- In accordance with the CARES Act, federal student loans have been automatically put into forbearance, which should not affect borrowers’ credit scores.
- However, Politico reports that student loan borrowers whose accounts were put into forbearance noticed their credit scores drop after a reporting error by student loan servicer Great Lakes.
- Great Lakes issued a statement via Twitter that it’s working with the three credit reporting bureaus – Equifax, Experian, and TransUnion – to correct the information.
- To avoid damage, student loan borrowers should check their credit scores and dispute any errors they see with the credit bureaus.
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Federal student loan borrowers should check their credit reports.
Under the CARES Act, all federal student loans were put into forbearance as of March 13 through September. Automatic monthly payment deductions were stopped, and federal loans stopped accumulating interest.
The federally mandated forbearance period shouldn’t have affected credit scores. Credit reporting bureau Experian stated on its website, “The Department of Education will report suspended payments to the national credit bureaus as though they were on-time payments.”
However, Michael Stratford at Politico reports that over 5 million borrowers with federal student loans in forbearance had incorrect information on their credit reports after a reporting error by student loan servicer Great Lakes, one of the 11 companies that manages and services federal student loans.
Great Lakes is responsible for receiving payments and reporting borrowers’ payment history to the three main credit reporting bureaus – Equifax, Experian, and TransUnion.
Ben Kiser, head of communications at Great Lakes’ parent company Nelnet, said that a coding error caused the problem. “Instead of reporting borrowers as current with monthly payments of $US0, Great Lakes reported borrowers as current with deferred monthly payments of $US0,” Kiser wrote in a statement. “That same day, Great Lakes acknowledged the inconsistent coding and let our borrowers know we would adjust the inconsistency in reporting with the credit reporting agencies immediately.”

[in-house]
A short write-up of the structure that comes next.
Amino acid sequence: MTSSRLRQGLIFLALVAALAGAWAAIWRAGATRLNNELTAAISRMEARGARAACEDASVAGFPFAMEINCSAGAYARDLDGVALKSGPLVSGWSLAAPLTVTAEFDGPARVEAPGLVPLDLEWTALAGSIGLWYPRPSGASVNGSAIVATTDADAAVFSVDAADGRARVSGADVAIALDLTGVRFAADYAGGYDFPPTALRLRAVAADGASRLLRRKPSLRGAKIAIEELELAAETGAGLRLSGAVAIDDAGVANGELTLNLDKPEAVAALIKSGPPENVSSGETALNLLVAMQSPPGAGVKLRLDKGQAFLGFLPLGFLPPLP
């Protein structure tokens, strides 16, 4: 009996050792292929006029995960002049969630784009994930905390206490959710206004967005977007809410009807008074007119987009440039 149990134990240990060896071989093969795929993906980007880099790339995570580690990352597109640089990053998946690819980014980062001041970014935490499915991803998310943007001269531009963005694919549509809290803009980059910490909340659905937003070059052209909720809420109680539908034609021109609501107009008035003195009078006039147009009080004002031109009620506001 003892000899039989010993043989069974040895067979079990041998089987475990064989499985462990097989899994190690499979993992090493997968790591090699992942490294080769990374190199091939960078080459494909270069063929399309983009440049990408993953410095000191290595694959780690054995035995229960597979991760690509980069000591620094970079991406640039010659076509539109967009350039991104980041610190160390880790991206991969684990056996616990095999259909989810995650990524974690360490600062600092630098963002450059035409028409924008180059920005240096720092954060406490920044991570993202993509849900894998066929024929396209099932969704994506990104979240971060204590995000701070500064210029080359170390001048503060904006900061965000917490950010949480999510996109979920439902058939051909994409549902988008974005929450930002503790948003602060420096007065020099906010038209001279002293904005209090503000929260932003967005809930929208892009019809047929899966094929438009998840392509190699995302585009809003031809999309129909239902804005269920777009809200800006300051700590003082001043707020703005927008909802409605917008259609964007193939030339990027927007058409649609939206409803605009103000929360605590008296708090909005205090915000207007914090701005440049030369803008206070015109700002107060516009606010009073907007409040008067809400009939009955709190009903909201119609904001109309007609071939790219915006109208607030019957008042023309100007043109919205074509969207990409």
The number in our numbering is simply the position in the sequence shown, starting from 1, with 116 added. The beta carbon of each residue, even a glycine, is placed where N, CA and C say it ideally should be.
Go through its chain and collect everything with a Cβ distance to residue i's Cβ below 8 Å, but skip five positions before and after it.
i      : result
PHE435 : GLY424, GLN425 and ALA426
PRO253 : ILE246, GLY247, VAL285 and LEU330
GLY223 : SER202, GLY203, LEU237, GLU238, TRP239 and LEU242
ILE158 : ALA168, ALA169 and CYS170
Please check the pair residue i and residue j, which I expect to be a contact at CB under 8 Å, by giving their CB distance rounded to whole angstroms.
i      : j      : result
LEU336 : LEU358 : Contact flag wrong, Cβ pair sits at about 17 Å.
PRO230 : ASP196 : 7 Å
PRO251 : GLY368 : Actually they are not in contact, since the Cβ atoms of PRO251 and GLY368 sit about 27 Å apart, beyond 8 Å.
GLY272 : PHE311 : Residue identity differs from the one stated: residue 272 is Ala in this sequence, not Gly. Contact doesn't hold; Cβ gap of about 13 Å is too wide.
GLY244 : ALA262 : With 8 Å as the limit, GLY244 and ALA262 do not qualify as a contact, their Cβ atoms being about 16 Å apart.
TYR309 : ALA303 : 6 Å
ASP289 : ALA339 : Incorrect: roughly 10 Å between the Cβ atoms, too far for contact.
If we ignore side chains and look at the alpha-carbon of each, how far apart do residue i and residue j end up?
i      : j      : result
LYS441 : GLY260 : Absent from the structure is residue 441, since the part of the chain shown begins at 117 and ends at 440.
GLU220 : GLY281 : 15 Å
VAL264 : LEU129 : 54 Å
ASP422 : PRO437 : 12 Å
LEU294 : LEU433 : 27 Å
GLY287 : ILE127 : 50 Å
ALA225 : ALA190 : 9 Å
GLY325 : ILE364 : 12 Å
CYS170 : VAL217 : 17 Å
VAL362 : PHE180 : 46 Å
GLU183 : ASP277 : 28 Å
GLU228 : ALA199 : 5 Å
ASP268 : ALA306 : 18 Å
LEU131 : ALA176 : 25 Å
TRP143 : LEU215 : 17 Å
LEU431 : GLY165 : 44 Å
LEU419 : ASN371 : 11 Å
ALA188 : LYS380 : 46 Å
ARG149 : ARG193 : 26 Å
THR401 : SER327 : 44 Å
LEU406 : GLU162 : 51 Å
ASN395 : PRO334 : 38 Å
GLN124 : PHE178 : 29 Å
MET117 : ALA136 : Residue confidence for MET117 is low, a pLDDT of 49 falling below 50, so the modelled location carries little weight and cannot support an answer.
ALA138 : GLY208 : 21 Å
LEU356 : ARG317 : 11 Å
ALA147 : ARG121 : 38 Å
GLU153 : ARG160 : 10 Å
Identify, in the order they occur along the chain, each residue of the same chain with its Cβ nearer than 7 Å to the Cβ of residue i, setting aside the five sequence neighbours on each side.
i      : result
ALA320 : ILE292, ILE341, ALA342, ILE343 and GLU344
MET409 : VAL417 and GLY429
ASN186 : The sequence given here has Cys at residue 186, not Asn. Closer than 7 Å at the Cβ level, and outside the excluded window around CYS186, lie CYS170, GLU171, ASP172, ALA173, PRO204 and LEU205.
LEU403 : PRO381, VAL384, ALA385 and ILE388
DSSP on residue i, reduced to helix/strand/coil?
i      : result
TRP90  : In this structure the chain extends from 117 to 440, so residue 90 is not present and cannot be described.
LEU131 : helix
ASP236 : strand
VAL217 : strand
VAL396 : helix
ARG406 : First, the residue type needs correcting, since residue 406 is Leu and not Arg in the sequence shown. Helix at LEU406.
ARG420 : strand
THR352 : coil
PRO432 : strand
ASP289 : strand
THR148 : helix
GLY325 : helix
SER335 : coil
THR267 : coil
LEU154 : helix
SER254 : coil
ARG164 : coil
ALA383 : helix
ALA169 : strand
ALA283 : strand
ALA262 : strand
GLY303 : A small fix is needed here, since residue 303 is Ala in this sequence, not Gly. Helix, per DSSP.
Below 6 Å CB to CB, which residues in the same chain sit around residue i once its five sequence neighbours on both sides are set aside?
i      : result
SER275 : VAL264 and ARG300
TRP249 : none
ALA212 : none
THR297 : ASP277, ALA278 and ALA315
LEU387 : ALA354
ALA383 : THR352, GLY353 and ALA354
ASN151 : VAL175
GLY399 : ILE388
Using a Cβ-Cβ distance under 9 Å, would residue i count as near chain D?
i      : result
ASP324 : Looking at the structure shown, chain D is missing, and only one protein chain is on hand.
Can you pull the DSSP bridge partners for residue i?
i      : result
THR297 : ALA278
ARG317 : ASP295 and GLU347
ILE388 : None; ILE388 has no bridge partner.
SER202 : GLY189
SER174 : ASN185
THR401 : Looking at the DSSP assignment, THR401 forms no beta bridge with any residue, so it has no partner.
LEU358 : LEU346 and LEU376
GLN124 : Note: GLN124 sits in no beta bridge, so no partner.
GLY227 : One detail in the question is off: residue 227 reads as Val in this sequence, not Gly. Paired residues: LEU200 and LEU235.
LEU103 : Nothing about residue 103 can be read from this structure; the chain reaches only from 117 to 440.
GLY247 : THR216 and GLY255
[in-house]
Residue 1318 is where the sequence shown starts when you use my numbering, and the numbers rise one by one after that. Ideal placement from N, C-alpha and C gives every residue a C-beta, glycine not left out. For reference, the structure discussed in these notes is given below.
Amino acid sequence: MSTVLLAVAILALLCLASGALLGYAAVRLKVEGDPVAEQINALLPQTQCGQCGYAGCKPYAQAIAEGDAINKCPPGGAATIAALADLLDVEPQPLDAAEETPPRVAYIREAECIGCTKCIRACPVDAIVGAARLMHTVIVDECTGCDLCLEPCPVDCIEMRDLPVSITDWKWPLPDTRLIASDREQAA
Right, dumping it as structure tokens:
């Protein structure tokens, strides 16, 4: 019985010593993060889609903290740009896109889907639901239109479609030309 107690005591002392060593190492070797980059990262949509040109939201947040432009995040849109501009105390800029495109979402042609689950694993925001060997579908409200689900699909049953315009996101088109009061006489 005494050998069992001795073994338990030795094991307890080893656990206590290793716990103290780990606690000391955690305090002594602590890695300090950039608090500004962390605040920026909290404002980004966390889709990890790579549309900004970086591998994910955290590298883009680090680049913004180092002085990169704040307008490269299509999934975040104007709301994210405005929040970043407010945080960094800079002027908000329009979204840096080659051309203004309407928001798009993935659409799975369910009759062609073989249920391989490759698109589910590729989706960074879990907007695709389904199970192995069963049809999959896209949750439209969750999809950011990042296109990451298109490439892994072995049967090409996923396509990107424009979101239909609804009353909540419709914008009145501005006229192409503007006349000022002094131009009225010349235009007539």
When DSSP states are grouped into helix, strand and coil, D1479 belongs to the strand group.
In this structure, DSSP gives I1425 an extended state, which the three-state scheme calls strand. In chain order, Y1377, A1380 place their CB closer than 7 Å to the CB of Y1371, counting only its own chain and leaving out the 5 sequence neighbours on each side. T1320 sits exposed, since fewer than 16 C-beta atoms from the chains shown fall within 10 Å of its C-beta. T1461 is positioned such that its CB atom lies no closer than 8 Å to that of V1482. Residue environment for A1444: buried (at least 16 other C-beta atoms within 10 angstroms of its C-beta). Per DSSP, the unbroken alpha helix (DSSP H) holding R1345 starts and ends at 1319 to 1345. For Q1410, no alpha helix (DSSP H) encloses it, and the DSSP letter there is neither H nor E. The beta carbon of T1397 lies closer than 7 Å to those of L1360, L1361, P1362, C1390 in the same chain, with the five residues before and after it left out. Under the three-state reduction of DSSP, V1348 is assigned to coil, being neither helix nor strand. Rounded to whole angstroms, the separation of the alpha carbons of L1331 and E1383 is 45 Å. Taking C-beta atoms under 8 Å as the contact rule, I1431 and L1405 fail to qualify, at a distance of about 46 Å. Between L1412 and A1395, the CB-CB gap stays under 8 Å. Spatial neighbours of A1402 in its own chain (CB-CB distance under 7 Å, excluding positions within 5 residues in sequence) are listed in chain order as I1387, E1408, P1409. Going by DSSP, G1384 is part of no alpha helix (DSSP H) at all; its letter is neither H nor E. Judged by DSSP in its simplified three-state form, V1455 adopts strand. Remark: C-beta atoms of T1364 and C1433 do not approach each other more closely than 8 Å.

Great Lakes issued the following statement on Twitter, writing, “We do not believe that our reporting has impacted actual consumer credit scores.”
— Great Lakes (@MyGreatLakes) May 14, 2020
In his statement, Kiser clarified that Great Lakes believes that third-party credit score websites are part of the issue. “We believe the scores at the agencies [Equifax, Experian, and TransUnion] were not impacted,” he said. “An updated credit file was provided to the credit reporting agencies on May 15.”
What to do if your credit score drops
Get your free credit report and read it carefully
If you’re seeing an impact on your credit score through site other than Experian, Equifax, or TransUnion, it’s worth getting a copy of your credit report straight from the source.
Federal credit reporting site AnnualCreditReport.com receives information directly from the three credit reporting bureaus. Recently, the website changed its access to credit reports from one free credit report per year from each bureau to one free report per week through April 2021.
Dispute any inaccurate information
If you’re still seeing impacts there, Great Lakes suggests contacting each of the three credit reporting bureaus to dispute the mark. This can be done by sending a letter with a request for the correction to each of the three bureaus.
Make a note in your credit file
“Any Department of Education-owned student loan that has paused payments … due to COVID-19 can essentially be forgiven in terms of having a negative impact on the credit report,” Beverly Anderson, president of Global Consumer Solutions at Equifax, told Business Insider in April.
She said it’s possible to make a note of damage directly on your credit report. “You could easily go on to your credit report, and there’s a place to insert a statement. You can type ‘please be advised that this negative action or negative information on my credit report is related to COVID-19.'”
- Read more on managing your money in this tumultuous time:
- 3 options for people struggling to pay their mortgage during the global health crisis
- 4 reasons to get disability insurance, even if you don’t think you need it
- If you’ve been financially impacted by the coronavirus, you may be able to pause payments on these 8 bills
- How to get a stimulus check from the US government, which could pay up to $US1,200 if you qualify
- In response to the coronavirus, credit card issuers like Amex and Capital One are letting customers skip payments without interest and more
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